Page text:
You want your customers to love you? Right? We all do. But before you can get your beloved customers and potential customers to love you, you have to really know who they are and what they desire. I often work with business owners to help them figure out who their ideal customers are. You’d be surprised how often we figure out that their ideal customer is not exactly who was first imagined. By doing a few exercises and some research, we are typically able to pinpoint the traits of the perfect customer and then build a fabulous brand based on that customer’s needs and wants. Here’s my process and an examples to get you started.

Determine the problem you solve
One of the first and often challenging steps of building a brand is figuring out exactly what problem(s) your business solves. Before you think “I just have a blog.” or “I just sell handbags,” remember that all businesses solve a problem. Some are critical issues like providing medical care. Your local doctor or medical practice obviously solves this problem by providing preventative care when you are well and medical care when you are ill.  Others businesses solve problems that may not be as critical in nature, but are still important.  You purchase clothing from our favorite fashion boutique  because the clothing they sell fits you well and makes you feel confident. Your problem may be you don’t have clothes to wear to work for fall. Your  favorite store solves the problem. Let’s look at the rest of this exercise from the view point of a fictitious business called Lilly’s Boutique.

Communicate your solution with your main message
Your favorite fashion boutique may have created a mission statement that goes a little something like this:
Lilly’s Fashion Boutique  provides flattering, fashion forward attire that makes busy professional women stand out from the crowd.
This one sentence presents both a problem and solution statement as well as some additional key words like flattering, fashion forward, busy, professional, women. Now it’s clear to see that Lilly’s Boutique has a specific clientele.

Identify your target customers and build customer personas
Personas are fictitious profiles built to help you think critically about your customers needs.  If you’ve done a formal business plan, chances are you’ve already created these in some form. You may even have data that you’ve garnered through your current marketing efforts. But even if you don‘t, you can build these based off of your intuition, or compare to similar sites or businesses. Personas typically consist of demographically defining information and are built to paint a picture. In creating these profiles, you will want to include age, gender, communication preferences and other background information like occupation, buying habits and family size, for example. Personas can also include challenges and issues that this type of customer has and even geographic location. You may have only one persona, or many, but in many cases, three is the magic number.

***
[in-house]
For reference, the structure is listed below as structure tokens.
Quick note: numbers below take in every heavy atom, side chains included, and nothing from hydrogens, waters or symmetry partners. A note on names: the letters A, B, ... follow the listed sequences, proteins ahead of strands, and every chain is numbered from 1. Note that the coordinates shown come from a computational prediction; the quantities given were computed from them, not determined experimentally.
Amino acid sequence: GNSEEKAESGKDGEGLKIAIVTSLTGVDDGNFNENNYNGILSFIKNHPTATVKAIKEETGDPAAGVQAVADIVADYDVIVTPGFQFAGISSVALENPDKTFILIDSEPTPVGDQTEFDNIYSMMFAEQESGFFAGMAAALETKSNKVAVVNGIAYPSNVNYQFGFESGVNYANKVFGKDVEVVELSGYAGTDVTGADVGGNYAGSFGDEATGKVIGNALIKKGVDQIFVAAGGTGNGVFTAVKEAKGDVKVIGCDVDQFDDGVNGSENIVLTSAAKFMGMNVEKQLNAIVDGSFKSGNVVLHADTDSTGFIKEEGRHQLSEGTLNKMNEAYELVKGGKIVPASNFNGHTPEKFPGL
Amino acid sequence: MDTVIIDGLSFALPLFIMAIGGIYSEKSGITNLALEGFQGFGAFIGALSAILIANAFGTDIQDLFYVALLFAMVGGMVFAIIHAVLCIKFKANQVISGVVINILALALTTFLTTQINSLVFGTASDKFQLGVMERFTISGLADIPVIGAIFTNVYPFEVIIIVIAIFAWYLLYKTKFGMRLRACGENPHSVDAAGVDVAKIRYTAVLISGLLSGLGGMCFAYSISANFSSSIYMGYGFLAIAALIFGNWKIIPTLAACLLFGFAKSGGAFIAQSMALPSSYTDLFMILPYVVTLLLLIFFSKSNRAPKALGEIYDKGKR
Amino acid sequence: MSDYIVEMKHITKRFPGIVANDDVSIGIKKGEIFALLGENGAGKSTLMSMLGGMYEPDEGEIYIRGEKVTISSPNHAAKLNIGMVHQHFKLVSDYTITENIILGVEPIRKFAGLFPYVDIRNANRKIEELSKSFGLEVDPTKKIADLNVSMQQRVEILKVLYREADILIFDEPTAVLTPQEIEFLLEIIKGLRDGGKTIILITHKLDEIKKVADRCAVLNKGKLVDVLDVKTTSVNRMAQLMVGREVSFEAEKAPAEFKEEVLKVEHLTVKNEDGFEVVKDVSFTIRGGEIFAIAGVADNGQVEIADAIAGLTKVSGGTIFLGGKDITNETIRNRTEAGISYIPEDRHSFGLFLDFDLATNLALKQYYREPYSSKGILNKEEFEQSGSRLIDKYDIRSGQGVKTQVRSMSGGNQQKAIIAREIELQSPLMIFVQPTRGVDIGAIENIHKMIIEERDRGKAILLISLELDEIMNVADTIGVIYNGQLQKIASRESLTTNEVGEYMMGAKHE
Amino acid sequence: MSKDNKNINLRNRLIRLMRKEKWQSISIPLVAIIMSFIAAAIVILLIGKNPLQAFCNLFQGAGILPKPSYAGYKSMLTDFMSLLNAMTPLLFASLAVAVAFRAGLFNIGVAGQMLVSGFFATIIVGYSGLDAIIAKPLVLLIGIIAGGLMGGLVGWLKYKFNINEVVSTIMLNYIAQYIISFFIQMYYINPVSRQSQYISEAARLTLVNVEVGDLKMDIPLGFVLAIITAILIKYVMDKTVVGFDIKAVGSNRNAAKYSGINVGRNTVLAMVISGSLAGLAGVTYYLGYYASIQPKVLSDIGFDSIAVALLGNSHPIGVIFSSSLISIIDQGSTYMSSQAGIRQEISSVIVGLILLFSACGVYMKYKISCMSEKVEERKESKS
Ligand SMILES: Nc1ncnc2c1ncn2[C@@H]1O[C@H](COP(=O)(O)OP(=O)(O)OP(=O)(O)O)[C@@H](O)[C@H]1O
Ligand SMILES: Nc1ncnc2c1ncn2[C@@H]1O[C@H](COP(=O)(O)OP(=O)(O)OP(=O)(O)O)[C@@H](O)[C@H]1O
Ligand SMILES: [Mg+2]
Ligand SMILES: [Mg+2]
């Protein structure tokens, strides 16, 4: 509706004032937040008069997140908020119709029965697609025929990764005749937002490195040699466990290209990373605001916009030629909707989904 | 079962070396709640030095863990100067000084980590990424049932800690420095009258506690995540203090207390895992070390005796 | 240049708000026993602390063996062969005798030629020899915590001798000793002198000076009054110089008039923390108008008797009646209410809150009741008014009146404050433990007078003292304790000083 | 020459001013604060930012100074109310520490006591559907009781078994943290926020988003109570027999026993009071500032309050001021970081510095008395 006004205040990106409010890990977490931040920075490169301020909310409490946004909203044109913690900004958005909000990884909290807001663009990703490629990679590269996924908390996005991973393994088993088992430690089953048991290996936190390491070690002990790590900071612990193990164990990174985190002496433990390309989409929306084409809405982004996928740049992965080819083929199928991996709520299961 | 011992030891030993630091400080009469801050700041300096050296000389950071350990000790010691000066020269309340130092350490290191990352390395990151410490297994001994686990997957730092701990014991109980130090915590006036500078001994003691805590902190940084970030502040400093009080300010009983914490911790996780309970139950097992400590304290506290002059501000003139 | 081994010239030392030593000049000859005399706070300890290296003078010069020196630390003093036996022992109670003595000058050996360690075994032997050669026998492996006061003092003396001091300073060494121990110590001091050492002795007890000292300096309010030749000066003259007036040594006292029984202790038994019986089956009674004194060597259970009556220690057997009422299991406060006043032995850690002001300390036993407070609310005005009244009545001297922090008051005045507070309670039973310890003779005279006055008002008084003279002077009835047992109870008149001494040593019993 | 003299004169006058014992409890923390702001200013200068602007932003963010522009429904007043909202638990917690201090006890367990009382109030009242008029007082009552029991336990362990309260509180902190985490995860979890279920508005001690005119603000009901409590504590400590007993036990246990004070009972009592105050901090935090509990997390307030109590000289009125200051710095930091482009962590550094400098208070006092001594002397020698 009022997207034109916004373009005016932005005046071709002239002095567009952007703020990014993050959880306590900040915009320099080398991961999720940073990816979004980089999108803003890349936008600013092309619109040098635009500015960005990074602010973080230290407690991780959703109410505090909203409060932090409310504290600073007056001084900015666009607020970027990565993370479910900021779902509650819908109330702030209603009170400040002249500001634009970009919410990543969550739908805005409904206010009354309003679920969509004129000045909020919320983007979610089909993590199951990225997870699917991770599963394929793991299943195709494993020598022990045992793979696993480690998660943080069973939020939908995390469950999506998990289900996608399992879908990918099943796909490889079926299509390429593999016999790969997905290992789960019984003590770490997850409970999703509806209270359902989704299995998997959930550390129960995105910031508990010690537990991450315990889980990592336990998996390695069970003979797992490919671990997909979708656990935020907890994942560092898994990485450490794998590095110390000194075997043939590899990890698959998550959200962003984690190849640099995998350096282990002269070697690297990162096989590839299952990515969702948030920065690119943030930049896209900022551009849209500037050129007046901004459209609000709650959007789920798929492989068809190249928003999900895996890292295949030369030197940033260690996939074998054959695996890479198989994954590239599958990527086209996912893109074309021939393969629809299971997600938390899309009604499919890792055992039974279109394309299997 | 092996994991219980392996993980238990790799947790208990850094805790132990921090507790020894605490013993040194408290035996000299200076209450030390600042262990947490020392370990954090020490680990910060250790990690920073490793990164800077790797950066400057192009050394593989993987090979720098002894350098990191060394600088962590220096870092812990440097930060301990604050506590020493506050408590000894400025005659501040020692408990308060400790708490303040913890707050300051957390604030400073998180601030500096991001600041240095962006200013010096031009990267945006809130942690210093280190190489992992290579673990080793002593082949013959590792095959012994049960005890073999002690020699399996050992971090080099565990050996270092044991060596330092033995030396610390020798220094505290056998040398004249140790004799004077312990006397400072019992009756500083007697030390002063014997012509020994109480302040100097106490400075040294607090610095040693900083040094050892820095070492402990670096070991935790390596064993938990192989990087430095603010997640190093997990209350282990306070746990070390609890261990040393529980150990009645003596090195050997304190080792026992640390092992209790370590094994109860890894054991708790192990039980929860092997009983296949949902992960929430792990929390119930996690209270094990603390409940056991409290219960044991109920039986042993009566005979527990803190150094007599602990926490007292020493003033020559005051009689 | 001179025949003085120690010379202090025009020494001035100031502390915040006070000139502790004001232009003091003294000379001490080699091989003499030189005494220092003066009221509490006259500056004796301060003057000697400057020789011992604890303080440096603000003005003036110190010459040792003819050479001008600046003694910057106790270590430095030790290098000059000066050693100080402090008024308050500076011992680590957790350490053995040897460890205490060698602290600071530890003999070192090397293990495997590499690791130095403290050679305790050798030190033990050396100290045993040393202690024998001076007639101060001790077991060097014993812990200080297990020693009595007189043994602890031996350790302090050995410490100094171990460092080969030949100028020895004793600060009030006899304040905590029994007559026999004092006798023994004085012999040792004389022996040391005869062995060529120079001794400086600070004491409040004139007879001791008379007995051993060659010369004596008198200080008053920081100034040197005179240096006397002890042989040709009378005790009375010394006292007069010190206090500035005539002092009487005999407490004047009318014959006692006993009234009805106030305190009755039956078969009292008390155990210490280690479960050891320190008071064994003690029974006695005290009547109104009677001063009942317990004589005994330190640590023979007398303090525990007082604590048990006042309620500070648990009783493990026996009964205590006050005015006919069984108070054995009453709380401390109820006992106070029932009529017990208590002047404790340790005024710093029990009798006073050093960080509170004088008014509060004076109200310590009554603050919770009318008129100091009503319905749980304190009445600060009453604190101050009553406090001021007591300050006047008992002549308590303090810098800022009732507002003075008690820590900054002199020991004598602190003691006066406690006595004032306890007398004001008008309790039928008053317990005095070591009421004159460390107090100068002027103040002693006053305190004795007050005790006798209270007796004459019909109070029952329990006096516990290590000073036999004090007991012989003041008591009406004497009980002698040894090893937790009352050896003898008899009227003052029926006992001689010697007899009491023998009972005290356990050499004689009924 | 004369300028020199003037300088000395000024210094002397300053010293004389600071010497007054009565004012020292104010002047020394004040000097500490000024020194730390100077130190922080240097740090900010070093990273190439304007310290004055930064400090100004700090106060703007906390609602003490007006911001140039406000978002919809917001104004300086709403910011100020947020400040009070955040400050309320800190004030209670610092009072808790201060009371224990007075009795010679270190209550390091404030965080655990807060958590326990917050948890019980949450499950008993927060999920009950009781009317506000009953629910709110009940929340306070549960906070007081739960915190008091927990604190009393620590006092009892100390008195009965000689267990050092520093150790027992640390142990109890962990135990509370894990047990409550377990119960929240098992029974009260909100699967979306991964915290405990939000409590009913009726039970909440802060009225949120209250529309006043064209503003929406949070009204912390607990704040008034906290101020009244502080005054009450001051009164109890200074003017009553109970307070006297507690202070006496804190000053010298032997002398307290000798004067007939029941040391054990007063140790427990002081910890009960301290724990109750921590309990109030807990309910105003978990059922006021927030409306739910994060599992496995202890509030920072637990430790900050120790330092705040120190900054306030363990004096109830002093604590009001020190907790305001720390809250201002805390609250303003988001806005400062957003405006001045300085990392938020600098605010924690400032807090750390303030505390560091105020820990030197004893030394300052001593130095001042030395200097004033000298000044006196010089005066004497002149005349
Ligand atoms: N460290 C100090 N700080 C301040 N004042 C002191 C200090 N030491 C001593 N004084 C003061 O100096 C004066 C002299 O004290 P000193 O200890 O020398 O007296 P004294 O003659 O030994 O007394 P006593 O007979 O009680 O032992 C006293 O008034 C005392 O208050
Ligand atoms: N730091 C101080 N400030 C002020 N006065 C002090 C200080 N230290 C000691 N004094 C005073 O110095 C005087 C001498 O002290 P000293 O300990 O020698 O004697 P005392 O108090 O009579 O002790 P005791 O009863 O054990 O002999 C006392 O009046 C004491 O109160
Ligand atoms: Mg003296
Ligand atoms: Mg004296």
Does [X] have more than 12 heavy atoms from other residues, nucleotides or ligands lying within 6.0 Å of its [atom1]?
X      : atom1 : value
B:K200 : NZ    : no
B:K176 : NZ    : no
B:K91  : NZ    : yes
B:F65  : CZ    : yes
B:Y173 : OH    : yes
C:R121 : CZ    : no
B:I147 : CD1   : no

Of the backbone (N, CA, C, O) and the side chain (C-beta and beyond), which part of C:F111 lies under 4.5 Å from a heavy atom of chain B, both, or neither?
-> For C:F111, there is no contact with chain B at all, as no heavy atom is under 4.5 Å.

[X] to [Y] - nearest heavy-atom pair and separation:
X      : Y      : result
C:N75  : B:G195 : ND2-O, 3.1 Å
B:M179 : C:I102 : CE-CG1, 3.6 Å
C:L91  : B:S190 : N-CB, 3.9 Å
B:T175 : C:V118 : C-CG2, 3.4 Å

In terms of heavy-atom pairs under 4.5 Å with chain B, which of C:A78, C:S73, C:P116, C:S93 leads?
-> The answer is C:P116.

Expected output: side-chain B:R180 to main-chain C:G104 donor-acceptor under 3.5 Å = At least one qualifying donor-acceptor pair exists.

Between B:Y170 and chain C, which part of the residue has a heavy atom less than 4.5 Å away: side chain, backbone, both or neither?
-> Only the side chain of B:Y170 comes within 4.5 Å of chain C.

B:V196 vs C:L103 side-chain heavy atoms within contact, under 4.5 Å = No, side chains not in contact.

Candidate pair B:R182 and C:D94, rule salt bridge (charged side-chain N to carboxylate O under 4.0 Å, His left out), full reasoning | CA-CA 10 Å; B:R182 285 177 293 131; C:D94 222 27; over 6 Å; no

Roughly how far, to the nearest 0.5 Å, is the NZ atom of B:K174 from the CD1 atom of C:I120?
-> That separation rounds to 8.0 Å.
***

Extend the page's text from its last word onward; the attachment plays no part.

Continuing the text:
In the case of our fashion boutique, the store may target female professionals who live near downtown Raleigh, NC.  They may find most of their women are between 28-50. The store has to further define their target customers by figuring out what their challenges and buying habits are and that’s where the use of personas really helps.

28, single professional
Leslie is a fashion forward professional. She is trying to advance  her career so looking pulled together is very important to her and it helps her feel confident. She may not make a lot of money (yet) but she invests in key pieces. She goes for quality not quantity. She follows fashion blogs and magazines for advice and tips. While she makes big purchases only seasonally, she often buys and uses accessories to change up her look.

38, working mom with kids
Megan has a lot on her plate, but she also feels like she can have it all. She has a senior level job. Time is of the essence so she frequently shops at lunch and she loves that she can call ahead to the store and they will pull items aside for her before she comes in.  She doesn’t care about price as much as value and quality.

Build content around where your customer is and their needs
Lilly’s Fashions can now build a brand around their customers needs. Part of this is communicating the stores’s key features: value, proximity, fashion-forwardness. They do this with distinct and consistent use of colors, imagery and words that speak to their customers.

Further to that, they can now set up their  social media and direct marketing program based on their customers specific needs by:

  • Keeping  an active social media presence and frequent mentions in local media. This lets Leslie know that she is shopping at a fashion forward boutique.
  • Setting up a personal shopping program for regular customers with direct mail reminders. This lets Megan know she can always get the convenient, personal service she desires.
  • Sending email newsletters. These alert both customers on a frequent basis of promotions and sells for loyal customers.

Spending some dedicated time determining who your customers are will help you build a brand that they will love.


Want more? Download my brand audit workbook.